In the great tradition of the bestiaries of yore, Allied Artists researcher/archivist Largo (Genius and Heroin: The Illustrated Catalogue of Creativity, Obsession, and Reckless Abandon Through the Ages, 2008, etc.) parades the real, the extinct and the imagined for our shivers and delectation.
The author delivers plenty of the usual suspects—griffins, harpies, basilisks, trolls, manticores, the phoenix, mermaids, etc.—as well as fun parvenues—e.g., the Ahuizoti, which was chronicled by Columbus and supposedly had “five hands, with one growing from the end of its tail.” Other interesting entries: the bonnacon, a flatulent European buffalo, which, when frightened, “released a thunderous fart…a sulfur-smelling gas that became flammable and scorched a wide path as far as 100 yards from the beast’s rear end”); the albatross, which can fly for 10 years (true); the Goliath bird-eating spiders, which are as big as personal-pizza platters and actually devour birds; the Mongolian death worm, which “can discharge a harsh yellowish spit that is highly acidic, capable of melting metals and said to be instantaneously lethal to humans”; and the always-fascinating Komodo dragon, whose mouth “is literally a cesspool of biotoxins, containing more than fifty poisonous bacterium, including the deadly staph.” And more: The shock of an electric eel runs to 600 volts, the lantern shark glows in the dark, and the leafy sea dragon looks remarkably like a piece of seaweed. Archival and some contemporary artwork accompanies the entries, most suitably cringe-inducing. However, Largo doesn’t dig very deep here and makes little effort to explain, say, why the bear possesses mysterious significance to so many people or the beaver totemic value. Much remains in shadow, and some readers will wish for more background.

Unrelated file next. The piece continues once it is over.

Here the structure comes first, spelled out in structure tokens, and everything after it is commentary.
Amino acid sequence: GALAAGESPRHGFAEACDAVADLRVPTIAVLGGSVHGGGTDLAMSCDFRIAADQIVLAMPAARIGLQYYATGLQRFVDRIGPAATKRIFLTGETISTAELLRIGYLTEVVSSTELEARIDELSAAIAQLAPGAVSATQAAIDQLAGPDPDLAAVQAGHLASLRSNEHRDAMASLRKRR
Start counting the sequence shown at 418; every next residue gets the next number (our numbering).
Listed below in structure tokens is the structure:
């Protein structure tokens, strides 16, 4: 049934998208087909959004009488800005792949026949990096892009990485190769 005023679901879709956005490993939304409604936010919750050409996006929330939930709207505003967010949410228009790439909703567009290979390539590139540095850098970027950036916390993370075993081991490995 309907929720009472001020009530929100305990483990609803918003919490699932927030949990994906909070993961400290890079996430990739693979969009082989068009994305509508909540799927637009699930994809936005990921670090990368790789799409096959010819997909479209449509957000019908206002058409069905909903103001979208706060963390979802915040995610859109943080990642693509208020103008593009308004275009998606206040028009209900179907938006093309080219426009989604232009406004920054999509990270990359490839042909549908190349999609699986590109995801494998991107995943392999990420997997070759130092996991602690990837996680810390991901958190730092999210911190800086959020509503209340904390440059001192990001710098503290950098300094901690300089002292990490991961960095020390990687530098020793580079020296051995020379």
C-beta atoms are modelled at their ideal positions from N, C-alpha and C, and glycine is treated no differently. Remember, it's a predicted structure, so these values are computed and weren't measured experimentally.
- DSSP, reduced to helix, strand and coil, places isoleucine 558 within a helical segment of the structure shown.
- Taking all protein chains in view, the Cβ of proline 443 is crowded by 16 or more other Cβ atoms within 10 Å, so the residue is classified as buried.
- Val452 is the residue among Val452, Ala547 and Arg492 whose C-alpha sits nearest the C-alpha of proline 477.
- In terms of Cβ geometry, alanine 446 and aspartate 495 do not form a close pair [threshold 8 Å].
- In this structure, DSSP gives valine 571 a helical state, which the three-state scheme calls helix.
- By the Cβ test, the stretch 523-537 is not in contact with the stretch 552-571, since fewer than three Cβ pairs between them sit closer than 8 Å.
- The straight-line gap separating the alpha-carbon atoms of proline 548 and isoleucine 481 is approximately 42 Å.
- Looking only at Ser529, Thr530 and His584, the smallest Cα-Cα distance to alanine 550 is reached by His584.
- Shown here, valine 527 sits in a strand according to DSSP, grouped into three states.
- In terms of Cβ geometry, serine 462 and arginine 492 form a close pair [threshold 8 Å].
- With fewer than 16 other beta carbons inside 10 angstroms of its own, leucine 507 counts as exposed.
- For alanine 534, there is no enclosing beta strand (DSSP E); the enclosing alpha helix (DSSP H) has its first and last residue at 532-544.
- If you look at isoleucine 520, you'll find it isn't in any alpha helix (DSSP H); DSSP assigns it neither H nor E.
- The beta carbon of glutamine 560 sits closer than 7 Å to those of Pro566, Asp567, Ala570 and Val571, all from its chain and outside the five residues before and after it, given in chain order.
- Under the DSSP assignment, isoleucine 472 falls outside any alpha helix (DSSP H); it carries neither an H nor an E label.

Broad rather than deep, but still an entertaining and occasionally enlightening read—perfect for the coffee table or bathroom.